The "Singularity" or "Spike" That Won’t Be

Over the past decade, if not longer, there have been more than a few futurists who have predicted that in a decade or so from now, modern technology will change human society on a scale never before seen or imagined, from implementing the linked society envisioned in Gibson’s Neuromancer to wide-scale nanotech and practical AIs.

It won’t happen. Not even close. Why not? First, because such visions are based on technology, not on humanity. Second, they’re based on a western European/North American cultural chauvinism.

One of the simplest rules involved in implementing technology is that the speed and breadth of such implementation is inversely proportional to the cost and capital required to implement that technology. That’s why we don’t have personal helicopters, technically feasible as they are. It’s also why, like it or not, there’s no supersonic aircraft follow-on to the Concorde. It’s also why iPods and cellphones are ubiquitous, as well as why there are many places in the third world where cellphones are usable, but where landlines are limited or non-existent.

A second rule is that while new technology may well be more energy efficient than older technology, its greater capabilities result in greater overall energy usage, and greater energy usage is getting ever more expensive. A related human problem is that all the “new” technology tends to shift time and effort from existing corporate and governmental structures back onto the individual, sometimes back on higher-paid professionals. For example, the computer has largely replaced secretaries and typists, and this means that executives and attorneys spend more time on clerical types of work. Interestingly enough, both the hours worked/billed and the rates of pay for junior attorneys are way up. Another example is how financial institutions at all levels are pushing for their customers to “go paperless.” I don’t know about everyone else, but I need hard copy of a number of those documents. So if I “go paperless,” all it means is that I spend time, energy, and paper to print them out.

In short, technology is expensive, and someone has to pay for it, and it’s doubtful that we as a world have the resources to pay for all that would be required to create the world of the spike or singularity.

Another factor involved in tying all one’s bills and payments to automated systems is that one loses control — as my wife and I discovered in trying to unscramble all the automated payments her father had set up. After his death, in some cases, it was impossible to even discover where the payments were going. A number of companies kept charging for services he obviously didn’t need and siphoning money from his bank account, despite the fact that he was dead. It took the threat of legal action and the actual closure of some accounts to get the banks to stop honoring such automatic withdrawals.

Technology has also enabled a greater range of theft and misrepresentation than was ever possible before the internet and computers.

The other factor is cultural. The idea of a spike or a singularity assumes that everyone on the planet wants to be plugged in, all the time, and on call continuously, while working harder and harder for the same real wages in employment positions that seem increasingly divorced from what one might call the real physical world. While those in the upper echelons of the professions and management may find this useful, even necessary, exactly how are the vast numbers of service workers employed at Wal-Mart, MacDonalds, Home Depot, etc., even going to afford such services when they’re far more worried about basic health care?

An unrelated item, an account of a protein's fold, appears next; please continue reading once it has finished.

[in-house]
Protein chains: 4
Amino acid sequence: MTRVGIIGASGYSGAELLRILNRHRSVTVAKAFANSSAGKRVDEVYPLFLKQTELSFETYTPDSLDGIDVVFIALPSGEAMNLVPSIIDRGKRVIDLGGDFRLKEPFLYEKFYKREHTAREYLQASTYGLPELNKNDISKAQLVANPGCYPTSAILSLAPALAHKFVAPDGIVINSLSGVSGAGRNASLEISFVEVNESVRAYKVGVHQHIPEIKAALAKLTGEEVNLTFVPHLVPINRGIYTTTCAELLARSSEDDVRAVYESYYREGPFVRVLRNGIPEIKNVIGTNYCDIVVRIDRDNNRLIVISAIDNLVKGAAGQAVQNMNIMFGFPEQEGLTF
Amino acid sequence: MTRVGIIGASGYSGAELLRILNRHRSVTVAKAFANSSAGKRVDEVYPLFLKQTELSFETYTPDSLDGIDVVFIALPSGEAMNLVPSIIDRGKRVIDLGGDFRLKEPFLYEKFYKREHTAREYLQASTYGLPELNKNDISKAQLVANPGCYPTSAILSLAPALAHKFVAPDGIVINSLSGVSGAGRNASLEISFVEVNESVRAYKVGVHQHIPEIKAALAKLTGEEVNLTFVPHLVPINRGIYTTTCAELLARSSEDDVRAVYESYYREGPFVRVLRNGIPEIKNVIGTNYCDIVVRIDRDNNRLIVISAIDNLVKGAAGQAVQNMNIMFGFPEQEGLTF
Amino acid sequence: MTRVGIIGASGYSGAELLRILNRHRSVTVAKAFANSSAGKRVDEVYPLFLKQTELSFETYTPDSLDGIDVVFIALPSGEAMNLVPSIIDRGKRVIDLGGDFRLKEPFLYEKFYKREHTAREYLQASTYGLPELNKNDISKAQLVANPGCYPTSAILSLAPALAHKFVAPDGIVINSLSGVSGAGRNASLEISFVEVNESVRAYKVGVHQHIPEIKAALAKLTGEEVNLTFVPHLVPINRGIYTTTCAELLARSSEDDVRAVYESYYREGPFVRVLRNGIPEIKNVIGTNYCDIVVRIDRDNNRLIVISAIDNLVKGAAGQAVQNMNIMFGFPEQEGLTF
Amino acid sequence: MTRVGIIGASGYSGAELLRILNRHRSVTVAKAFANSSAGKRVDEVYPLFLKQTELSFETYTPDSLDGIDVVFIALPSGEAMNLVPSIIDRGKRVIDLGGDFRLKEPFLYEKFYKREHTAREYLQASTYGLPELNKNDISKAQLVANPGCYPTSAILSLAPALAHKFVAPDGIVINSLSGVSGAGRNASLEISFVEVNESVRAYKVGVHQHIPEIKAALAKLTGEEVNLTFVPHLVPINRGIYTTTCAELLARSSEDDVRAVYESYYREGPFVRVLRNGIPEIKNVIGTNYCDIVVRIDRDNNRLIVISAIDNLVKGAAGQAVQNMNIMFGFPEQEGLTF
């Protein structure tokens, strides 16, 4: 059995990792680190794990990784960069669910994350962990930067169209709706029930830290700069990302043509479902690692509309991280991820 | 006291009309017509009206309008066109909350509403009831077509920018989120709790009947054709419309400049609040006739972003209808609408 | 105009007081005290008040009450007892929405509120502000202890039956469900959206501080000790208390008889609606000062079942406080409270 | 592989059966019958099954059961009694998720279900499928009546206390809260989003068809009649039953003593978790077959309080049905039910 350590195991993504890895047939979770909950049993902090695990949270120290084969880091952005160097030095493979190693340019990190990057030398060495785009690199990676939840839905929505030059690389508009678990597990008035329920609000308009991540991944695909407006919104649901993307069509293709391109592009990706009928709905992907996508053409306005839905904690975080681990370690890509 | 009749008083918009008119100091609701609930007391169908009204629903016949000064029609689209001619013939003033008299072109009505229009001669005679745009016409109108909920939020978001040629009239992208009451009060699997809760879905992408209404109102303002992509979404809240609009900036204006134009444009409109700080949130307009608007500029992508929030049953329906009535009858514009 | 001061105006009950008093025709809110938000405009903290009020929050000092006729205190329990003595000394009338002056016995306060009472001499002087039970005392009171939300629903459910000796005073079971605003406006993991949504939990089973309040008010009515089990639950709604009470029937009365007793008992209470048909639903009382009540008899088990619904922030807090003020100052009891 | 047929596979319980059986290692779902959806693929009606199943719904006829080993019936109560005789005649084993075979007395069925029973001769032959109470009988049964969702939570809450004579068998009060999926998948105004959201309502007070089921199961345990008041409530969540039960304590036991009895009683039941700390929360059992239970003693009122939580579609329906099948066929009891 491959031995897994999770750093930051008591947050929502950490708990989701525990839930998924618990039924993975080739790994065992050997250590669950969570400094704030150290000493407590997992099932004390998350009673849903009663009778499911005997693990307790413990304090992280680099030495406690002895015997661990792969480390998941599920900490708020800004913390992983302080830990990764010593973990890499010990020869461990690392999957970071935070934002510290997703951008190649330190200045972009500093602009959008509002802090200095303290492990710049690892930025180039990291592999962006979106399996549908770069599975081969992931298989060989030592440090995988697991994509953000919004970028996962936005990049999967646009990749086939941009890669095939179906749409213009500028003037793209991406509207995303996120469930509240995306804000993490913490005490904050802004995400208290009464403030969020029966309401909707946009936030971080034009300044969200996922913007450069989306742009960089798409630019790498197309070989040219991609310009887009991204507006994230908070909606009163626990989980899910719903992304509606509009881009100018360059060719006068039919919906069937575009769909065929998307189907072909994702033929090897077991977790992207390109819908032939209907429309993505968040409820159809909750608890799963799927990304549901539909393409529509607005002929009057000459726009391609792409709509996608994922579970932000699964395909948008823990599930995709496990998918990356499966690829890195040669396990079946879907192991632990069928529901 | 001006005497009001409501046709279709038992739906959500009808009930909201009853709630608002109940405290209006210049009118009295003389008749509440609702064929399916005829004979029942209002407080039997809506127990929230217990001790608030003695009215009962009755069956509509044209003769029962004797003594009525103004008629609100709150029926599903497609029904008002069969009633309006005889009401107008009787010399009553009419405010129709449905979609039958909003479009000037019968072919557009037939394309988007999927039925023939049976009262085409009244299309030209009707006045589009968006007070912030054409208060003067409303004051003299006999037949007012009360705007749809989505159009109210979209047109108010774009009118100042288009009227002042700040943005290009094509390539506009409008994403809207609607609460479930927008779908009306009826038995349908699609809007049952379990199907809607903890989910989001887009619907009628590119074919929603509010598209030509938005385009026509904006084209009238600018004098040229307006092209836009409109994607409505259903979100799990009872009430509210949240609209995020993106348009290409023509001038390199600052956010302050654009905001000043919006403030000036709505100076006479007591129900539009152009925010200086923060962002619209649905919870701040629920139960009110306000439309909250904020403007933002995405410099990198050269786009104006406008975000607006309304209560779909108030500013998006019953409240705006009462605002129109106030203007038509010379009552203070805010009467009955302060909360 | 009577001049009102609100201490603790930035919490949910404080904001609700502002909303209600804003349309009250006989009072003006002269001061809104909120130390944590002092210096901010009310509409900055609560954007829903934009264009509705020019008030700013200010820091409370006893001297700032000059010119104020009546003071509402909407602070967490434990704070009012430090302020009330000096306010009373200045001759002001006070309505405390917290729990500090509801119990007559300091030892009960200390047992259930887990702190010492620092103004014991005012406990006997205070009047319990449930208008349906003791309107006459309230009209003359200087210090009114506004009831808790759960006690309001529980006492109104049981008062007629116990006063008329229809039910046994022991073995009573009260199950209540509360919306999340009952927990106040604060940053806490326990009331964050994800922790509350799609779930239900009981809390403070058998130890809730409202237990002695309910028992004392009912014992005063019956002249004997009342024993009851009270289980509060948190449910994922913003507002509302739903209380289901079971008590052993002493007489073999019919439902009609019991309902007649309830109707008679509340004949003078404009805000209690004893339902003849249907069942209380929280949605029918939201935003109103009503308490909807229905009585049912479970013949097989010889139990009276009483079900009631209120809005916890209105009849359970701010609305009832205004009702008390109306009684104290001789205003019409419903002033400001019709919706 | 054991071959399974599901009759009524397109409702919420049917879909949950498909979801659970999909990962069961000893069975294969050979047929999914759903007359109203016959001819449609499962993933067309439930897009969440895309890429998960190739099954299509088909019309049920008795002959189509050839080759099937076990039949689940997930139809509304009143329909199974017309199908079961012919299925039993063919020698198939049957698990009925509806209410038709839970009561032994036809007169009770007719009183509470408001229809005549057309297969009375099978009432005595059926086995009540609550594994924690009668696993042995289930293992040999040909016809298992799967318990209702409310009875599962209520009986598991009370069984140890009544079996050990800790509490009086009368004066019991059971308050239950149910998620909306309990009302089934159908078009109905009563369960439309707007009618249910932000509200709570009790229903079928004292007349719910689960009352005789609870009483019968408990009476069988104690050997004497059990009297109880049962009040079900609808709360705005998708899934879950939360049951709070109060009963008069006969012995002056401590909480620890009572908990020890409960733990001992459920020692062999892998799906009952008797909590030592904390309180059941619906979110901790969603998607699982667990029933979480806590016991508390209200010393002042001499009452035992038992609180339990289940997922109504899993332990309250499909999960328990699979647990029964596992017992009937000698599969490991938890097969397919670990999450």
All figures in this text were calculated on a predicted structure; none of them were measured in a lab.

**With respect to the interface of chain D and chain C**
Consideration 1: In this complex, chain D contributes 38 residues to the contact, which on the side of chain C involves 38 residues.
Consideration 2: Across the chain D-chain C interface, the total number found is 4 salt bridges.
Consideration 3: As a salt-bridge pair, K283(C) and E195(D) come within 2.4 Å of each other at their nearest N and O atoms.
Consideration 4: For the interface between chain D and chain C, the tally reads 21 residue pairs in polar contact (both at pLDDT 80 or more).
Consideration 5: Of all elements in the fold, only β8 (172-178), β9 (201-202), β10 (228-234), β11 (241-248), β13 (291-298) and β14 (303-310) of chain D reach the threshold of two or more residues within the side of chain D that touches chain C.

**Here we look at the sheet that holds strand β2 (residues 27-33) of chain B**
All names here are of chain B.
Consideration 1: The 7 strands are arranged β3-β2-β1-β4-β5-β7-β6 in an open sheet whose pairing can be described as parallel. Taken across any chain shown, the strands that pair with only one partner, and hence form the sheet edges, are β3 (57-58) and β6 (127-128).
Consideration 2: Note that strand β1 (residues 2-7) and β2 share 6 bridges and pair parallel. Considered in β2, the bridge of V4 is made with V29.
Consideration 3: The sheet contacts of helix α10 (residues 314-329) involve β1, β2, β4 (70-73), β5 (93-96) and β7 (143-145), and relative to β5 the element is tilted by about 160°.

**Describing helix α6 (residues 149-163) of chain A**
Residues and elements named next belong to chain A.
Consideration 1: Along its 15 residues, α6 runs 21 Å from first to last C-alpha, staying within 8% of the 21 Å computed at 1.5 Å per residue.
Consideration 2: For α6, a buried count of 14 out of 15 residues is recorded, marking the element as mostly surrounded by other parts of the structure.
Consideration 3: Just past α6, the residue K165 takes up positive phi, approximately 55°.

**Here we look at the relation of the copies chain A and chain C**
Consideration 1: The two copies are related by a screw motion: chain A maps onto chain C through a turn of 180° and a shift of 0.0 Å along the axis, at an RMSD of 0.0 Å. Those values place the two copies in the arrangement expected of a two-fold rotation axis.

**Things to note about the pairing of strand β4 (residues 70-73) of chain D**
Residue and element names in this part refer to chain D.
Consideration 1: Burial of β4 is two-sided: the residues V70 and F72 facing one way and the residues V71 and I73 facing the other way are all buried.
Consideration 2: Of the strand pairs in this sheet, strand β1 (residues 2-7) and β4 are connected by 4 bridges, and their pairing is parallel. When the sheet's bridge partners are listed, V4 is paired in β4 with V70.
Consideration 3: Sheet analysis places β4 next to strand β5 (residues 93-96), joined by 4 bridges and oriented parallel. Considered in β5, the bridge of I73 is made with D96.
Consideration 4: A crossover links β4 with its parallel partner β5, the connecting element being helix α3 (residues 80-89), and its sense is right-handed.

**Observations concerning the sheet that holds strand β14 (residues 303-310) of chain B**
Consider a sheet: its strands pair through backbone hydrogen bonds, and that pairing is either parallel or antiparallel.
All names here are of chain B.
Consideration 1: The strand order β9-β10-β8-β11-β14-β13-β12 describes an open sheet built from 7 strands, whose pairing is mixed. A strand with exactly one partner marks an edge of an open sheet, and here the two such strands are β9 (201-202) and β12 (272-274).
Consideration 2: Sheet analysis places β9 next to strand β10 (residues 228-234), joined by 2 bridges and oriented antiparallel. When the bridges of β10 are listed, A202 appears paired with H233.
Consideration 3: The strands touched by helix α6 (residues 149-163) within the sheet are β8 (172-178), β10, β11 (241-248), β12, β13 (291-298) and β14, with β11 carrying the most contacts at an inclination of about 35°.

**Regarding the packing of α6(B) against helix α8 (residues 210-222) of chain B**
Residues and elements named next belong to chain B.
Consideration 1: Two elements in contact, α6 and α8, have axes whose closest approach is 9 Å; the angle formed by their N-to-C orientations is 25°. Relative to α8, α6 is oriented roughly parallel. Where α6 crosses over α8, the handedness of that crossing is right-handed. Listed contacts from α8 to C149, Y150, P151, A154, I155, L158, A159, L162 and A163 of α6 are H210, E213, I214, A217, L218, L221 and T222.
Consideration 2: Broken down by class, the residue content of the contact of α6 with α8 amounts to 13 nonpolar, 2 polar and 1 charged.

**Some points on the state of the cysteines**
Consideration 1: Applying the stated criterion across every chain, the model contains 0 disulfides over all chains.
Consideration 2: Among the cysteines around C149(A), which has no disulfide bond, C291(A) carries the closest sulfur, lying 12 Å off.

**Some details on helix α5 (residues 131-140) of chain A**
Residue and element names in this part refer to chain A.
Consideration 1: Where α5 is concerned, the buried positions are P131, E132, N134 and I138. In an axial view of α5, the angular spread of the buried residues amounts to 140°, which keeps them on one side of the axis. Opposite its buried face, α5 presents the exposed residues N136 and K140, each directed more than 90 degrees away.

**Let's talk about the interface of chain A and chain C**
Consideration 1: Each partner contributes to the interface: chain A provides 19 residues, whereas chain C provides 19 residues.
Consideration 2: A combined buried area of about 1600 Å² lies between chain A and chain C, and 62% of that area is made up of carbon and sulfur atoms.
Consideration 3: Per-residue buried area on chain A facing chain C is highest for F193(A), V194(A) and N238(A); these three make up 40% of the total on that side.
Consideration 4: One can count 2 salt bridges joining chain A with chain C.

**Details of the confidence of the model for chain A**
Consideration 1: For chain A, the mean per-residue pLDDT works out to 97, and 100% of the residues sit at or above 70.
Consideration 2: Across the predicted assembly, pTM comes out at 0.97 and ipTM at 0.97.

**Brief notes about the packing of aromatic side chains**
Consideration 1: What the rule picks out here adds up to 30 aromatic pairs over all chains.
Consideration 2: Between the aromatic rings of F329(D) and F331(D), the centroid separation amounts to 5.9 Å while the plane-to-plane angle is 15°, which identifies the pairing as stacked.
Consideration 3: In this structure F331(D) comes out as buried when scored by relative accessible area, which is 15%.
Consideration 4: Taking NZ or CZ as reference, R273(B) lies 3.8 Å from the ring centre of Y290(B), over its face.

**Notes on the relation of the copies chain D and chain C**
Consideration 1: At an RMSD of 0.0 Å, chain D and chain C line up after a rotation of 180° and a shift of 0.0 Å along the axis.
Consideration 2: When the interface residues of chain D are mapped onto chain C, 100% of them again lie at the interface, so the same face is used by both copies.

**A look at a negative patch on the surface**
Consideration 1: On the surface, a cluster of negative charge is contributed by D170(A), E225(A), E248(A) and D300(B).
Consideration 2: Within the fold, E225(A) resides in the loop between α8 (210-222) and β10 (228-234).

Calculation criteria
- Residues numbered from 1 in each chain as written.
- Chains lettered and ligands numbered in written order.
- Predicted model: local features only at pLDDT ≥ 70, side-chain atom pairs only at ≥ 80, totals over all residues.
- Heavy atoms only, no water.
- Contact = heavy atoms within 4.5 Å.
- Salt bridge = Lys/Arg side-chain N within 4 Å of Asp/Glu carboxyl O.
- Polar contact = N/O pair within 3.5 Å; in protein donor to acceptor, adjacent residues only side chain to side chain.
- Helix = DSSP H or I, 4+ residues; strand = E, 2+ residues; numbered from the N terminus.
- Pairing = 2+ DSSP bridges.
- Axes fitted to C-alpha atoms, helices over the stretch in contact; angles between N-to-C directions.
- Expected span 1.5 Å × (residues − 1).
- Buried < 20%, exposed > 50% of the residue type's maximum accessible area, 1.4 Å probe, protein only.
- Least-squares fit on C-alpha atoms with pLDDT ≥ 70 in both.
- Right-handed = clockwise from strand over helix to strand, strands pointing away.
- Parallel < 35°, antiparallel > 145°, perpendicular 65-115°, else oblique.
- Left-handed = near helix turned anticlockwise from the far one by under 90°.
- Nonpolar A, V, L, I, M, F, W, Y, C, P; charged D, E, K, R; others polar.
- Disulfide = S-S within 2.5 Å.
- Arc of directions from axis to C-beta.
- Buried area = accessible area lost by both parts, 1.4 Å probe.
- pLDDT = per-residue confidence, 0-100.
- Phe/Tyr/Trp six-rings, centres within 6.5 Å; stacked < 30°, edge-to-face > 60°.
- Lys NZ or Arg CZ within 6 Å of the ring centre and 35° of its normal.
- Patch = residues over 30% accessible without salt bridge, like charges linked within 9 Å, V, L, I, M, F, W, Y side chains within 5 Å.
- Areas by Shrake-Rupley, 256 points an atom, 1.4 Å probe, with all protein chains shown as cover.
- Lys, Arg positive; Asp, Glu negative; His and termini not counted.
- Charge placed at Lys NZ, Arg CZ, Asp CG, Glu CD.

Am I saying the world won’t change? Heavens, no. It will change. More people will in fact have cellphones, and, like it or not, it’s possible that they’ll replace location-fixed telephones for the majority of the population. Portable devices such as the iPhone will change entertainment, and fewer books will be printed and read, and more of what will be read, either in print or on screen, will be “genre” fiction, how-to, or religion. Published poetry and “mainstream literature” will decline further. More and more “minor” lawbreaking will be detected by technology in industrialized societies. “Major” lawbreaking may even be treated and handled by some form of cranial implant and locator devices. Various forms of environmentally less damaging power generation will doubtless be adopted.

But for even a significant minority of the world’s population, or even that of the USA, to engage in a “post-singularity” world will require more and more other people take care of support services, such as real-world, real-time small child-care, medical services, the physical production, transportation, and distribution of food. And don’t tell me that we’ll have duplicators for food. That’s most unlikely because to make such devices nutritionally practical would require analytical and formulation technology that we won’t have, not to mention the requirement for a large “stockpile” of the proper sub-ingredients. And, of course, a great deal more energy at a time when energy is becoming ever more expensive.

That doesn’t even take into account the cost and technological requirements for medical services and maintenance… and that’s a whole other story.